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When my niece was six years old, she spent a week with me. Her favorite game was to write random letters in a line, push them in front of me, and ask, “What does this say, Aunt Shelle?” I would string the sounds together into a nonsense word that would send her into fits of laughter. For Kylee, this was an indication of an important developmental step: she was a writer. She understood that the symbols she was writing on paper had meaning and could be interpreted and read by another person.
A lot of learning and development comes together to help young children reach this stage in their literacy development. Writing calls for physical control and coordination as well as a foundational understanding of the interconnection of speech and writing. Both of these develop as children interact with writing tools and have opportunities to explore writing.
Before children can write anything, they must be able to grasp a writing tool and hold it firmly while controlling its movement. When you watch toddlers first use crayons or markers, you might notice them making large loops or scribbles by moving their whole arms. As preschoolers, those toddlers will develop more fine muscle control and these movements become more controlled and intentional.
Children strengthen their fine muscles when they squeeze playdough and join in fingerplays. They learn to control and coordinate their movements as they paint at an easel and pour water from one cup into another. All of these seemingly innocent childhood pastimes help your child develop the physical skills needed for writing.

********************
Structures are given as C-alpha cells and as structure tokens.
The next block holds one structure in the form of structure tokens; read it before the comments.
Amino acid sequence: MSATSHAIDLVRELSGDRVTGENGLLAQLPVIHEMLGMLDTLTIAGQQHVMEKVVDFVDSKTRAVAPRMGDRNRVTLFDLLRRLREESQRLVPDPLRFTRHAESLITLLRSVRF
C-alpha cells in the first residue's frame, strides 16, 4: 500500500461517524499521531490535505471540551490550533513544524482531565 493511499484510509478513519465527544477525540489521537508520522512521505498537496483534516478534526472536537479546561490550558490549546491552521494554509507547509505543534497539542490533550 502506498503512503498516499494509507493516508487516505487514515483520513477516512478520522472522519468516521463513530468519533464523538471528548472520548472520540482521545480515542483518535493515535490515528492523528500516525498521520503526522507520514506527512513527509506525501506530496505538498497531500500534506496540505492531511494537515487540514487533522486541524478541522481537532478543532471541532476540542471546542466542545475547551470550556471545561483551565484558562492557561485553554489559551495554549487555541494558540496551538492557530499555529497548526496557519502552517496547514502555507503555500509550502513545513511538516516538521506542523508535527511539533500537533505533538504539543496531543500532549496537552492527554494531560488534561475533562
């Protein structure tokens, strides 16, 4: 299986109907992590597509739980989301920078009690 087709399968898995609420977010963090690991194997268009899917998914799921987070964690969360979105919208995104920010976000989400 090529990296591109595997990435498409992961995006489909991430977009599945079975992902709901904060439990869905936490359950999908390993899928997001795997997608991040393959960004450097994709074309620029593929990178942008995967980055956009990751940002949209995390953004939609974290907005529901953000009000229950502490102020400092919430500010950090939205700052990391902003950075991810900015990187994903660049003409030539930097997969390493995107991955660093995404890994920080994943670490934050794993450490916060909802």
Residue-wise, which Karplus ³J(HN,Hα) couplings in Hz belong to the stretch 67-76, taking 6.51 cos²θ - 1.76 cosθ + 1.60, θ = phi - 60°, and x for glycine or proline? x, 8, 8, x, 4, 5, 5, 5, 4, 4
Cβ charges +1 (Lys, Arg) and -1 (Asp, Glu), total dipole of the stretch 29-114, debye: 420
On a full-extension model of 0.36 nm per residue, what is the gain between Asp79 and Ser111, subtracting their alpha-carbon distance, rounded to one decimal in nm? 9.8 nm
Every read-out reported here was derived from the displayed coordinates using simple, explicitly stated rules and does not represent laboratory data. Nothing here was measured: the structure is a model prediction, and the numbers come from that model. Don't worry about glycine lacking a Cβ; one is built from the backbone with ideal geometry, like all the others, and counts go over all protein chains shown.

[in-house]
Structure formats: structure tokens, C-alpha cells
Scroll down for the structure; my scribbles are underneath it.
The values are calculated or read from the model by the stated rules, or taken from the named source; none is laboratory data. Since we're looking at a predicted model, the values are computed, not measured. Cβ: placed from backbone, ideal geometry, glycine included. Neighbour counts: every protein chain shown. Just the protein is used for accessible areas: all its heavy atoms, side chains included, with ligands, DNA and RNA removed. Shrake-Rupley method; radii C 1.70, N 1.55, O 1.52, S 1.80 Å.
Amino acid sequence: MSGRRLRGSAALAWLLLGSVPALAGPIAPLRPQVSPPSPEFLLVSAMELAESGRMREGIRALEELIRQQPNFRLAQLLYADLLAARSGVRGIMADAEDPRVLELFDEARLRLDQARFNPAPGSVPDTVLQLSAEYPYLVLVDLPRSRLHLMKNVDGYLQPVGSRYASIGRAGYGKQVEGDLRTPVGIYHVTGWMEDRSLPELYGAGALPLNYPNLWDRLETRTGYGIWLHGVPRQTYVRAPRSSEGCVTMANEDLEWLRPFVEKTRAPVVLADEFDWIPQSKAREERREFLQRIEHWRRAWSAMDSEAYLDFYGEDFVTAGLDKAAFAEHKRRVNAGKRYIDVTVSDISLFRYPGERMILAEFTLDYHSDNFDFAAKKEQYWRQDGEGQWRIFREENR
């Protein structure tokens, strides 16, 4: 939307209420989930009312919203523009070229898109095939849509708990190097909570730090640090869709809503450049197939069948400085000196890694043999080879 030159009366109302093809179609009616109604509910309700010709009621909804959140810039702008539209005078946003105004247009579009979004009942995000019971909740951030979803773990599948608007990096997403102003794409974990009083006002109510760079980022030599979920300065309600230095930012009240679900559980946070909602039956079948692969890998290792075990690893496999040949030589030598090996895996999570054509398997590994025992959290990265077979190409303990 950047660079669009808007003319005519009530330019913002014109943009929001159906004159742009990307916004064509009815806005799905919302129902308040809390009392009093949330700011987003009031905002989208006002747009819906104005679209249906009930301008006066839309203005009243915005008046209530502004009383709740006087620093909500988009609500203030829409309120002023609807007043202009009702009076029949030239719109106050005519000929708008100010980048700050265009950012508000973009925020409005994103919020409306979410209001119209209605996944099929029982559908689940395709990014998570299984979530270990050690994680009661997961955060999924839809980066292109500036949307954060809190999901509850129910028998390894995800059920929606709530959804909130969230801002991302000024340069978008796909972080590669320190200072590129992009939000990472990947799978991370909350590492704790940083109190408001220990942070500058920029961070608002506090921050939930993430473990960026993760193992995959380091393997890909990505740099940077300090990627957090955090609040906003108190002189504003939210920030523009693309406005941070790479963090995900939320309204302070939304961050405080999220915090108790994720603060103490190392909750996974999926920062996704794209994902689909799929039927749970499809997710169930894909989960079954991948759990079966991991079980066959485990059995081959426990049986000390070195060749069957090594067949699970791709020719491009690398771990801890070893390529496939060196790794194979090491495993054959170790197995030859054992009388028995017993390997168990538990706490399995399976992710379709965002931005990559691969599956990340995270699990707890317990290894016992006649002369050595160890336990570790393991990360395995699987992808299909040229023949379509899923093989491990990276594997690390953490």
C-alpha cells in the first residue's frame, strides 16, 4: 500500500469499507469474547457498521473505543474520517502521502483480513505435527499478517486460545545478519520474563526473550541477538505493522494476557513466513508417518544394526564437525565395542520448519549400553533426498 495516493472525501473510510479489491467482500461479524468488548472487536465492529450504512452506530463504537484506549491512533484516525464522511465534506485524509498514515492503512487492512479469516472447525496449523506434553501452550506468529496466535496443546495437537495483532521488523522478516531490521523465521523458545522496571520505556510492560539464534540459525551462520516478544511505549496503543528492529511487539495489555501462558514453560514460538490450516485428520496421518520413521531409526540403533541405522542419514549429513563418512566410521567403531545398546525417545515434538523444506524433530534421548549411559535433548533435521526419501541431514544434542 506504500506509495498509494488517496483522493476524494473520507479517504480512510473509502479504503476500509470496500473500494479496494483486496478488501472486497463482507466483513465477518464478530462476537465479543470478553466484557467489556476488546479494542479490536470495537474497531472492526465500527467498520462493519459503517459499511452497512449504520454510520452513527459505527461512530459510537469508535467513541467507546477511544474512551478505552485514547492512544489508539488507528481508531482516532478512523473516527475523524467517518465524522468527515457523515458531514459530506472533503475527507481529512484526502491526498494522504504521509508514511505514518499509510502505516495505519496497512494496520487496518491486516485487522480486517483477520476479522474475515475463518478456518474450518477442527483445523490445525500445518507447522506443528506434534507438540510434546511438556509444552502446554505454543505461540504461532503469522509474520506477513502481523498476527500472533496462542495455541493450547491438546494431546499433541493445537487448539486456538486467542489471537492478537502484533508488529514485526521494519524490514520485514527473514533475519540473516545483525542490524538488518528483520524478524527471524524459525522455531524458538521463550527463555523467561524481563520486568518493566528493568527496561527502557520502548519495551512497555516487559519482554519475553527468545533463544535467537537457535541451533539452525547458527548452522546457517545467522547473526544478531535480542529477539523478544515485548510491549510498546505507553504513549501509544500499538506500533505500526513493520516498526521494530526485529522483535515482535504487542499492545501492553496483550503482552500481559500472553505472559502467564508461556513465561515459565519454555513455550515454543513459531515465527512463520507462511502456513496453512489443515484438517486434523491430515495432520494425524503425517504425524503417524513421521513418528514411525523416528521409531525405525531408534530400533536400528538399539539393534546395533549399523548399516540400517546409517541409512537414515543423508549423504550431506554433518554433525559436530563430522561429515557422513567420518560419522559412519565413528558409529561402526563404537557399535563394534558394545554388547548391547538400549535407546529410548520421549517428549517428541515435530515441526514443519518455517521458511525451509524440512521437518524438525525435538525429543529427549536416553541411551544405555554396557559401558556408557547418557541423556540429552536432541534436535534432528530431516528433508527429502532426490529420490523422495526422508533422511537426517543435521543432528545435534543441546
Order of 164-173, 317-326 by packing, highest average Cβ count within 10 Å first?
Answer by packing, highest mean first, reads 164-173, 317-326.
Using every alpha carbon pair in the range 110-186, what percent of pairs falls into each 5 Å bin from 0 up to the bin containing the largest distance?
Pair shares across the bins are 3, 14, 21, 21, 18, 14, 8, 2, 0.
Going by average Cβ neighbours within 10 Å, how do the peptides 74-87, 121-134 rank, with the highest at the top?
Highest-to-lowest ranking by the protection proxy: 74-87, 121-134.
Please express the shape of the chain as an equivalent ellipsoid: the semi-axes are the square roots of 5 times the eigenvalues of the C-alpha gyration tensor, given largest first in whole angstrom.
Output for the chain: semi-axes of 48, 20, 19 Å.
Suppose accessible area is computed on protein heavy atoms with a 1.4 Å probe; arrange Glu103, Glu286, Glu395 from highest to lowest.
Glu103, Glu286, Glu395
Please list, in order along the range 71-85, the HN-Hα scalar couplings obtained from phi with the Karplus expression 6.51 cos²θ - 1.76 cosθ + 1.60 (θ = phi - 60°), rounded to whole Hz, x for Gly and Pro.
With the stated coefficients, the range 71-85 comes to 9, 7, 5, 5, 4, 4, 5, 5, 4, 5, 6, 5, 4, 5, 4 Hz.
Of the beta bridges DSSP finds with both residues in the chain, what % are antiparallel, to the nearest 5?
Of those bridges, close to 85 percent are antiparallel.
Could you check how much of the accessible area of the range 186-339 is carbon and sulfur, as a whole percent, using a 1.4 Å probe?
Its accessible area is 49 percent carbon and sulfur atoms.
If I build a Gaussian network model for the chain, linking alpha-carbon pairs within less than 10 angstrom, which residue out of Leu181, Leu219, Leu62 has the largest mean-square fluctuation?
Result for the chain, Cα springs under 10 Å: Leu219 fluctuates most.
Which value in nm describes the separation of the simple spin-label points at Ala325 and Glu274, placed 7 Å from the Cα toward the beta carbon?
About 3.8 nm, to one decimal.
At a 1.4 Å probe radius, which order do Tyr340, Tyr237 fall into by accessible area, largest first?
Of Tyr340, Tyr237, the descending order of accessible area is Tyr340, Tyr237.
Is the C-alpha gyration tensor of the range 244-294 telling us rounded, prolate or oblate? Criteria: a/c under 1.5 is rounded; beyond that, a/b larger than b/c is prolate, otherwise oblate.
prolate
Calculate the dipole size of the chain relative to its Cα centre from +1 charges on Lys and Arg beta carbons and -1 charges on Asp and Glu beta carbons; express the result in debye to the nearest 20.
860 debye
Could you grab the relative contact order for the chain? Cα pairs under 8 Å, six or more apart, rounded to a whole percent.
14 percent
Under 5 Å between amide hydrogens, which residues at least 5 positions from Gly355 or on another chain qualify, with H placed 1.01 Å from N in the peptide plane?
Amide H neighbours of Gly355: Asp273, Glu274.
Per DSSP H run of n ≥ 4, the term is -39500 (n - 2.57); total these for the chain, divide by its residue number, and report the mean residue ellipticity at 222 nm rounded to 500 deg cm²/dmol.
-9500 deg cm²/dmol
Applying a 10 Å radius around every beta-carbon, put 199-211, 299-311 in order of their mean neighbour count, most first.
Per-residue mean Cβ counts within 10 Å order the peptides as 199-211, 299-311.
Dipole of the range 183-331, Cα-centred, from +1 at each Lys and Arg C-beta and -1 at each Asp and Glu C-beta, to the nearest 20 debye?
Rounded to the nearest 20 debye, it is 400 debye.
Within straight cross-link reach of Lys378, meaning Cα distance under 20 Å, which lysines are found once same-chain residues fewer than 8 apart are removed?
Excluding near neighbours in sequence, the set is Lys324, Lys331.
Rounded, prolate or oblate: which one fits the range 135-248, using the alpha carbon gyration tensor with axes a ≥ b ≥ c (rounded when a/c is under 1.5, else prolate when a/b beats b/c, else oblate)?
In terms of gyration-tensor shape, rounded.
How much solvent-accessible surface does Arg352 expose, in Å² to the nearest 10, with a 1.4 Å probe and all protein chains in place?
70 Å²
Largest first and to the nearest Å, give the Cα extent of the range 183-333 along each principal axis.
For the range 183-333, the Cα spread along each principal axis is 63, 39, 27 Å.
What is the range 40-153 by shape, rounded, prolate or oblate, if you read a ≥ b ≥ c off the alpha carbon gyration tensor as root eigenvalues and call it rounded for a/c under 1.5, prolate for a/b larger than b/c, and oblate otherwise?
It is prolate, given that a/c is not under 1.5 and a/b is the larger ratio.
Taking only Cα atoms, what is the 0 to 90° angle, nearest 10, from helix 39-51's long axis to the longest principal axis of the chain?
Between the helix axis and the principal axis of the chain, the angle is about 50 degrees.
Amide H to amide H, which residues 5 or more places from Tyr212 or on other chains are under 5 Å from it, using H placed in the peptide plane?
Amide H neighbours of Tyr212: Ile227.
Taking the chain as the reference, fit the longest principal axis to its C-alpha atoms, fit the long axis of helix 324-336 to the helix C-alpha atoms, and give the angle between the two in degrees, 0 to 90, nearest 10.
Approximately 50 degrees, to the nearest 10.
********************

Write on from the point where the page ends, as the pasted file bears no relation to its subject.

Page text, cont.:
In a previous post about reading, I discussed the importance of symbolism, which is the idea that one object can stand for another. This understanding is an important factor in both reading and writing. As children develop this understanding, they move from the idea that the spoken word “ball” stands for that round object we can play with to the idea that a picture they draw of a ball can also stand for the object in question. Finally, they arrive at the realization that the letters “b-a-l-l” also represent this idea. When your child draws pictures to tell stories or communicate ideas, it is an important precursor to the understanding needed for writing.
As they mature in their understanding, young children begin to differentiate between drawing and writing. When they first start to write, it often looks like a squiggly line along the page. With support, practice, and exposure to print, these early attempts evolve into individual squiggles that look more letter-like. As children learn about the letters, they begin to mix in actual letters with the squiggles. Finally, children begin to write in only letters, although the letters might not be the correct ones or may be backwards. Giving children opportunities to experiment with writing and letting them see writing in action helps them move through these stages.
As for my niece, five years later, Kylee continues to be a writer, although now she combines that basic understanding with the ability to connect the symbols she writes with the sounds they represent. She writes answers on tests, papers to show understanding, texts to touch base with friends, and online postings to connect with others near and far (including me). She has reached the goal that we would like for most children: to use writing as a means of communicating her thoughts, opinions, and ideas to a world eager to read them.
In my next posting, we will look at what families can do to support young children in becoming strong readers and writers.